Humanely Raised Turkey, Turkey Bone Broth, Pumpkin, Carrots, Spinach, Red Lentils, Agar Agar, Non-GMO Cranberries, Garbanzo Beans (Chickpeas), Chicory Root, Sunflower Oil, Coconut Oil (preserved with mixed tocopherols), Salt, Vitamin A Supplement, Vitamin D3 Supplement, Vitamin E Supplement, D-Calcium Pantothenate, Thiamine Mononitrate, Riboflavin Supplement, Biotin, Folic Acid, Vitamin B12 Supplement, Zinc Amino Acid Chelate, Iron Amino Acid Chelate, Copper Amino Acid Chelate, Manganese Amino Acid Chelate, Sodium Selenite, Dried Kelp, Potassium Chloride, Dandelion Greens, Choline Chloride, Taurine, Turmeric.

Guaranteed Analysis

Crude Protein: 8%
Crude Fat: 6%
Crude Fiber: 2%
Moisture: 82%

Dry Matter Basis

Protein: 44.44%
Fat: 33.33%
Fiber: 11.11%
Carbs: 11.11%

Caloric Weight Basis

Protein: 32.56%
Fat: 59.3%
Carbs: 8.14%

What We Liked:

  • Single source of high-quality animal protein
  • No fillers, animal by-products, or vaguely-named ingredients
  • Contains the moisture your cat needs for hydration
  • Made from ethically-sourced ingredients

What We Didn’t Like:

  • Fairly expensive compared to the average cat food
  • Contains several plant-based ingredients

#3 Premium Pick: Wellness CORE Natural Grain Free Wet Canned Cat Food

Wellness CORE Grain-Free Chicken, Turkey & Chicken Liver Formula Canned Cat Food

  • Made In: United States
  • Guaranteed Protein: 12% Min
  • Age Range: Adult
  • Calories Per Ounce: 39
  • Typical Cost Per Day: $3.49 per day

Formulated for adult cats, this canned food is completely free from grains, including low-quality fillers. In fact, five of the first six ingredients are all animal-based, including two whole sources of fresh poultry (chicken and turkey), two organ meats, and chicken meal.

The primary source of carbohydrate in this formula is dried ground potatoes which, though a little high in starch, are a digestible source of carbs for cats. You’ll also find cranberries, which can help support the urinary tract, as well as flaxseed, a natural source of omega fatty acids and dietary fiber.

Overall, this Wellness grain-free formula is a nutritious choice for adult cats. The only downside is that it is a little bit pricey. Also, the size of the 3-ounce can may be a little deceiving based on the weight it holds.


Chicken, Turkey, Chicken Broth, Chicken Liver, Chicken Meal, Turkey Liver, Dried Ground Potatoes, Natural Flavor, Cranberries, Guar Gum, Ground Flaxseed, Potassium Chloride, Salmon Oil (preserved with Mixed Tocopherols), Choline Chloride, Taurine, Cassia Gum, Xanthan Gum, Dried Kelp, Chicory Root Extract, Yucca Schidigera Extract, Magnesium Sulfate, Iron Proteinate, Zinc Proteinate, Thiamine Mononitrate, Vitamin E Supplement, Copper Proteinate, Manganese Proteinate, Sodium Selenite, Niacin, d-Calcium Pantothenate, Pyridoxine Hydrochloride, Riboflavin Supplement, Vitamin A Supplement, Biotin, Potassium Iodide, Vitamin D3 Supplement, Vitamin B12 Supplement, Folic Acid, Rosemary Extract.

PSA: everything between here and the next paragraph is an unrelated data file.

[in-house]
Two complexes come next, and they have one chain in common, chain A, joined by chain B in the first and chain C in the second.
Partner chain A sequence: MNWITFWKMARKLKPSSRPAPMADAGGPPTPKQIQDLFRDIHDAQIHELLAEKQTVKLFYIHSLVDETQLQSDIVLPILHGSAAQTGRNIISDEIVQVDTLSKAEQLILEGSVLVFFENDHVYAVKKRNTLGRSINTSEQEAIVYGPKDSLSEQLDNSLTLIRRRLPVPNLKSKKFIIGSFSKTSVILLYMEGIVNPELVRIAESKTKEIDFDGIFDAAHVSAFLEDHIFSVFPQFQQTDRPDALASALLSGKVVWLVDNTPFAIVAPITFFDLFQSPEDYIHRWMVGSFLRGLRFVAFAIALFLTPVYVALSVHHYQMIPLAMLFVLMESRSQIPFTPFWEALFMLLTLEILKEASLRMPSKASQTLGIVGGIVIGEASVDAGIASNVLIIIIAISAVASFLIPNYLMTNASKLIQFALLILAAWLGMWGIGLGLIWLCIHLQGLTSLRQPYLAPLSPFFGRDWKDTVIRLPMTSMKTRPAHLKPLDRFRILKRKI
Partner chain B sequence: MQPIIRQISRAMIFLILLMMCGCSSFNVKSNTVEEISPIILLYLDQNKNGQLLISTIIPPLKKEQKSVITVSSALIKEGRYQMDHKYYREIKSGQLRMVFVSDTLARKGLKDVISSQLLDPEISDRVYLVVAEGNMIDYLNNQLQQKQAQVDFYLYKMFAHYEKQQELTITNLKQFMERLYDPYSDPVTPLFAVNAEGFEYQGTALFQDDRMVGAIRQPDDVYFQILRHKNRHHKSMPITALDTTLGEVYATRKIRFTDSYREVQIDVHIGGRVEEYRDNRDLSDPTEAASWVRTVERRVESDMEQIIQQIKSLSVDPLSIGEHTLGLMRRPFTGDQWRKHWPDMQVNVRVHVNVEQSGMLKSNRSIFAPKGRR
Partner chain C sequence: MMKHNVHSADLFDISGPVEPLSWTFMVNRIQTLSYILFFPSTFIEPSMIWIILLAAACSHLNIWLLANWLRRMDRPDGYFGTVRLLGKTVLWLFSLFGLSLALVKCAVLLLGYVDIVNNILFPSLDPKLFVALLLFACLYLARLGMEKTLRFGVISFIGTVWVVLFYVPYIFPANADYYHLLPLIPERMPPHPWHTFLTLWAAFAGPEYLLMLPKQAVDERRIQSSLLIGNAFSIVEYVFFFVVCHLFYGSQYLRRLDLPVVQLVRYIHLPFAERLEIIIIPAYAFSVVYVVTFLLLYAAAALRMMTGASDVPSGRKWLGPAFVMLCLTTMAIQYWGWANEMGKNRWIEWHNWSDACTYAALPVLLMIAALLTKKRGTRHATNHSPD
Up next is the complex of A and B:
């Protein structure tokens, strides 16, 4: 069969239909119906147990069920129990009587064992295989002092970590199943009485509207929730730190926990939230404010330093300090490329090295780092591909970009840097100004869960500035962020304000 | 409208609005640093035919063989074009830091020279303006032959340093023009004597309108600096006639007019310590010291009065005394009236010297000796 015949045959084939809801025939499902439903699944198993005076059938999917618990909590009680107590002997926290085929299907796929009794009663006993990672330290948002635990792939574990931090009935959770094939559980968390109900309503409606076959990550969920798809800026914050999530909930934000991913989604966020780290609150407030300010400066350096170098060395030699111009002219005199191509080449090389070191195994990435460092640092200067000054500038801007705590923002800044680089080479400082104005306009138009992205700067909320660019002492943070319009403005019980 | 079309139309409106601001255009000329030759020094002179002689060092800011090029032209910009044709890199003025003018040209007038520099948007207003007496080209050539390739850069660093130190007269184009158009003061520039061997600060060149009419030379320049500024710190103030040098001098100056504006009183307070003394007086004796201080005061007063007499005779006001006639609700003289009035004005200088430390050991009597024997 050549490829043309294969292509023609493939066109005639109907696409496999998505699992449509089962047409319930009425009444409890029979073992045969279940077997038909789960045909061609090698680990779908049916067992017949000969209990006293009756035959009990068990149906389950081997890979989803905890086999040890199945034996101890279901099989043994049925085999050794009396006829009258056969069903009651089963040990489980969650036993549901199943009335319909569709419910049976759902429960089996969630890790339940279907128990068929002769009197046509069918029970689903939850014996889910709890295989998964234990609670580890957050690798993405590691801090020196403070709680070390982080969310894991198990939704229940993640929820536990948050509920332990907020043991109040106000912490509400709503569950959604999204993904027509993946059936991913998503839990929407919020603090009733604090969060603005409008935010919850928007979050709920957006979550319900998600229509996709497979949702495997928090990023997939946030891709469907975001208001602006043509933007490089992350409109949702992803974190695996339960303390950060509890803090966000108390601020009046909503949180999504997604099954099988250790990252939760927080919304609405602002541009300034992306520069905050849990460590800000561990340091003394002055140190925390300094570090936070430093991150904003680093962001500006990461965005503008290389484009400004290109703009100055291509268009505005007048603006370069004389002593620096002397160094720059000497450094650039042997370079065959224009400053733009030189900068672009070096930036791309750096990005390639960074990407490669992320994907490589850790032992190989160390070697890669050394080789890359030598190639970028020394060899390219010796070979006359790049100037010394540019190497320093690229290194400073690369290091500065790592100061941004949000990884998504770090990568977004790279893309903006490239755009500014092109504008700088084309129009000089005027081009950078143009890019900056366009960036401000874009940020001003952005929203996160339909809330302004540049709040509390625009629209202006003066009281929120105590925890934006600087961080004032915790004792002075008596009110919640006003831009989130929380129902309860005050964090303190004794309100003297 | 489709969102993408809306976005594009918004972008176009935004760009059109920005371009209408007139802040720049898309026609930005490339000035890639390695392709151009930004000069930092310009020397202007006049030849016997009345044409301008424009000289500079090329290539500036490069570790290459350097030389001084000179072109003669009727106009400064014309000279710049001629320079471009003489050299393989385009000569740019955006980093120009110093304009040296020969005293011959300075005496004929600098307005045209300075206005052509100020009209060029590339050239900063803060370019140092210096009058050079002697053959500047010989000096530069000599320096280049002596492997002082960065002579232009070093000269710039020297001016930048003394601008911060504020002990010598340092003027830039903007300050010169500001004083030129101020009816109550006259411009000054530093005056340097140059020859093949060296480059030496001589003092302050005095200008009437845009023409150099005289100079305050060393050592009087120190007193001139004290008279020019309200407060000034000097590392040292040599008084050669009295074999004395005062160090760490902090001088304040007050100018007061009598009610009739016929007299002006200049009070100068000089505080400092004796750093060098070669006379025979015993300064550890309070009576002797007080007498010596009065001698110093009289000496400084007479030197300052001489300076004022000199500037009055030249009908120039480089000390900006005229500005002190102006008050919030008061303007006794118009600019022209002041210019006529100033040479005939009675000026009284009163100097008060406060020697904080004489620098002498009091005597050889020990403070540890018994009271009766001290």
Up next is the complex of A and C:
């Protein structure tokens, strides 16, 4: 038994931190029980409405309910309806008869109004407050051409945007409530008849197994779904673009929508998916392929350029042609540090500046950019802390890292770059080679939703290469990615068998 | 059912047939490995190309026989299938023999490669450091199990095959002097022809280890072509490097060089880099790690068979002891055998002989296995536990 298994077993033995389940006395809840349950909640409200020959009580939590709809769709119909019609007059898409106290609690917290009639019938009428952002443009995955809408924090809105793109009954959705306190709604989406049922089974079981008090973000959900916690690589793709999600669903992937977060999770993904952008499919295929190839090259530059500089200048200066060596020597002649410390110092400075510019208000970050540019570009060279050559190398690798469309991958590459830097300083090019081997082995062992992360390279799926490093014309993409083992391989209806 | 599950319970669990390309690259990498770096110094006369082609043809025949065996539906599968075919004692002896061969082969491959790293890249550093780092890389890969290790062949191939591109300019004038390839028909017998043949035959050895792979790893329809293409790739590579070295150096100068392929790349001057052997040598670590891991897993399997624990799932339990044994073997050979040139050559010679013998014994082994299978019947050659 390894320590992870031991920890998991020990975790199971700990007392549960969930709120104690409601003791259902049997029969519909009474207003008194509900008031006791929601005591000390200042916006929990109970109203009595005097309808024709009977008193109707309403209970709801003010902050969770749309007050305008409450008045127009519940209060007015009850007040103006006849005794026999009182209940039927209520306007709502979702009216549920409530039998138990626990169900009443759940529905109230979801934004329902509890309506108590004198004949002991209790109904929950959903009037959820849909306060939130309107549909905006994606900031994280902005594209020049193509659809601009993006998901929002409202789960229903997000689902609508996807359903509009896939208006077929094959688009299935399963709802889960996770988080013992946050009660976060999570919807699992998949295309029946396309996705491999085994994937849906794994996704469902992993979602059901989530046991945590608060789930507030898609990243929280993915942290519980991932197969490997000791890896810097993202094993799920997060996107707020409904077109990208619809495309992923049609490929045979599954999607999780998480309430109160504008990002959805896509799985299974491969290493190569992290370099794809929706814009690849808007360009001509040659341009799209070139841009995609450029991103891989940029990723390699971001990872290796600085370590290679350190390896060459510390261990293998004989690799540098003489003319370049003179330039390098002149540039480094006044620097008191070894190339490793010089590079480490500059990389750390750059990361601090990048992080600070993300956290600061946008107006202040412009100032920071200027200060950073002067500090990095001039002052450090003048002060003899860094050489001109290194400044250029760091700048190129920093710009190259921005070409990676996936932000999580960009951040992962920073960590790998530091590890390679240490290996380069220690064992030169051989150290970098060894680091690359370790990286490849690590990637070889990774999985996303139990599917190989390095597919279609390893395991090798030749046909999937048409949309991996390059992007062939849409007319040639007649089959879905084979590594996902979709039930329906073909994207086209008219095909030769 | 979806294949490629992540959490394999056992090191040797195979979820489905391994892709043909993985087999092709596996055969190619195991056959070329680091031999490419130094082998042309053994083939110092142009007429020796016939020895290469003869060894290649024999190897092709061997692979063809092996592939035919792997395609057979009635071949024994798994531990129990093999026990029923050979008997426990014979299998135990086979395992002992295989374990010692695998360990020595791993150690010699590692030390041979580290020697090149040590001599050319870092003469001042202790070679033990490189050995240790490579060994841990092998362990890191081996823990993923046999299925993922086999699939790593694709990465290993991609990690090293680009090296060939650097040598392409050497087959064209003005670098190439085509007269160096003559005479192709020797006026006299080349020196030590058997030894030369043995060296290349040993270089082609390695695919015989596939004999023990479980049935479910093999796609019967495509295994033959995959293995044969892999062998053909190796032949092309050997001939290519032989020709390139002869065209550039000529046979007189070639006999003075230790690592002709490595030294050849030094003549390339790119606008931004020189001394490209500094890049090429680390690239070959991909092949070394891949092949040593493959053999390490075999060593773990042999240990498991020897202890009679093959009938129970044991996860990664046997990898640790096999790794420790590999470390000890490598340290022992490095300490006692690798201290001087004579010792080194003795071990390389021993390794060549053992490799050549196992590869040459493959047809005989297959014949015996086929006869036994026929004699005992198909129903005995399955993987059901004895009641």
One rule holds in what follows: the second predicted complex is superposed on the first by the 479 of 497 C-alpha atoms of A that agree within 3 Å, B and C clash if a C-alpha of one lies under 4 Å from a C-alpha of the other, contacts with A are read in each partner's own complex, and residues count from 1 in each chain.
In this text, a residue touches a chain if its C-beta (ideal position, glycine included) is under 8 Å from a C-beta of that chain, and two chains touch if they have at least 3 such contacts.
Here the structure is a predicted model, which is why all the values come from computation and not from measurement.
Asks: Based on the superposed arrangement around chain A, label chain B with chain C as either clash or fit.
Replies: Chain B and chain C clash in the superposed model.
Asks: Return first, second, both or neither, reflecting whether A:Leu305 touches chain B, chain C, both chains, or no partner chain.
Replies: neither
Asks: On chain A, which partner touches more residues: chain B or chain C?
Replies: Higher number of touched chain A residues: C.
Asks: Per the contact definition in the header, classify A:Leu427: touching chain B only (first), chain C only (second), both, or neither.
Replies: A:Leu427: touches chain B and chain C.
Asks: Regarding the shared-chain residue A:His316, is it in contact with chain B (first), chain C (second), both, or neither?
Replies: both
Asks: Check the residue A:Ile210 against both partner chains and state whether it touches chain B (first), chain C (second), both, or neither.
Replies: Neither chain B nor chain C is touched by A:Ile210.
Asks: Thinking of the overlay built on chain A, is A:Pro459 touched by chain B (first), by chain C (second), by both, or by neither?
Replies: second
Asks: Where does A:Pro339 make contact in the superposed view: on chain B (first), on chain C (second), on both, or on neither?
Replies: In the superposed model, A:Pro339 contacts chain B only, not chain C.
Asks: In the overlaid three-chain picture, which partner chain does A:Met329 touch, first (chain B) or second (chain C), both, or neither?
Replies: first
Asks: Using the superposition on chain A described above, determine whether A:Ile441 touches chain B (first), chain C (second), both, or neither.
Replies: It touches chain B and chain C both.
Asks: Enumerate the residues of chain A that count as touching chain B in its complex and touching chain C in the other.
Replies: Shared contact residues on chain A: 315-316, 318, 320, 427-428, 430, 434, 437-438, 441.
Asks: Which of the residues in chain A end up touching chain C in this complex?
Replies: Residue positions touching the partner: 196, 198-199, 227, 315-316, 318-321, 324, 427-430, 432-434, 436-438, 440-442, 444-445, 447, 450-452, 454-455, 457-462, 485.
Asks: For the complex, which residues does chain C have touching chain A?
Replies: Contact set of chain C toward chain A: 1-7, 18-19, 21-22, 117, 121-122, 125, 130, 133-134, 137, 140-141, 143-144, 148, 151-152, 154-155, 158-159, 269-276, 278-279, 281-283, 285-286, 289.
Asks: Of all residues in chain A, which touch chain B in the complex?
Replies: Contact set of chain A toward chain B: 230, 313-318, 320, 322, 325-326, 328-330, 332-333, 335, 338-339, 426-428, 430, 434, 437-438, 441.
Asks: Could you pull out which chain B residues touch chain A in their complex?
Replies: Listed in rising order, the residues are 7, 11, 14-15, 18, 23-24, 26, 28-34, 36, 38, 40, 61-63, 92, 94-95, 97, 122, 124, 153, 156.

Guaranteed Analysis

Crude Protein: 12%
Crude Fat: 7%
Crude Fiber: 0.5%
Moisture: 78%

Dry Matter Basis

Protein: 54.55%
Fat: 31.82%
Fiber: 2.27%
Carbs: 11.36%

Caloric Weight Basis

Protein: 38.1%
Fat: 53.97%
Carbs: 7.94%

What We Liked:

  • Made with real animal protein as the main ingredients
  • Nutritionally balanced for adult cats
  • Packed with moisture and low in carbohydrates

What We Didn’t Like:

  • Above average in cost
  • Size of can may be confusing

#4 Best For Sensitive Stomach: Instinct Grain-Free Real Chicken Recipe Canned Cat Food

Instinct by Nature's Variety Original Grain-Free Real Chicken Recipe Natural Wet Canned Cat Food

  • Made In: United States
  • Guaranteed Protein: 10% Min
  • Age Range: Adult
  • Calories Per Ounce: 44
  • Typical Cost Per Day: $3.19 per day

The Instinct brand is formulated to mimic your cat’s natural ancestral diet, which is built on high-quality animal proteins. True to their promise, Instinct’s Grain-Free Real Chicken Recipe packs a punch with protein, listing three animal-based proteins as the top three ingredients.

Fresh chicken, fresh turkey, and chicken liver are the first three ingredients in this formula, contributing to a crude protein content of 10%, which converts to over 45% dry matter basis. This recipe contains minimal added carbohydrates, which are limited to fresh veggies, for a total of under 7% carbs.

In addition to being loaded with animal-based protein and moisture, this formula contains chelated minerals and added vitamins to ensure nutritional balance for adult cats. You’ll also find additional fruits and veggies at the end of the list that provide natural sources for key nutrients.

The primary downside to this recipe is the cost. Though it may be above average in price, it is free from grains and low-quality fillers and doesn’t contain any artificial additives.


Chicken, Turkey, Chicken Liver, Chicken Broth, Ground Flaxseed, Montmorillonite Clay, Egg Product, Peas, Carrots, Potassium Chloride, Salt, Minerals (Iron Proteinate, Zinc Proteinate, Copper Proteinate, Manganese Proteinate, Sodium Selenite, Potassium Iodide), Choline Chloride, Vitamins (Vitamin E Supplement, Thiamine Mononitrate, Niacin Supplement, D-Calcium Pantothenate, Pyridoxine Hydrochloride, Riboflavin Supplement, Vitamin A Supplement, Biotin, Vitamin D3 Supplement, Vitamin B12 Supplement, Folic Acid), Taurine, L-Ascorbyl-2-Polyphosphate, Menhaden Fish Oil (Preserved With Mixed Tocopherols), Artichokes, Cranberries, Pumpkin, Tomato, Blueberries, Broccoli, Cabbage, Kale, Parsley.

Guaranteed Analysis

Crude Protein: 10%
Crude Fat: 7.5%
Crude Fiber: 3%
Moisture: 78%

Dry Matter Basis

Protein: 45.45%
Fat: 34.09%
Fiber: 13.64%
Carbs: 6.82%

Caloric Weight Basis

Protein: 33.65%
Fat: 61.3%
Carbs: 5.05%

What We Liked

  • Rich in animal-based protein and moisture
  • Made with all-natural ingredients
  • Packed with healthy omega fatty acids

What We Didn’t Like:

  • Above average in cost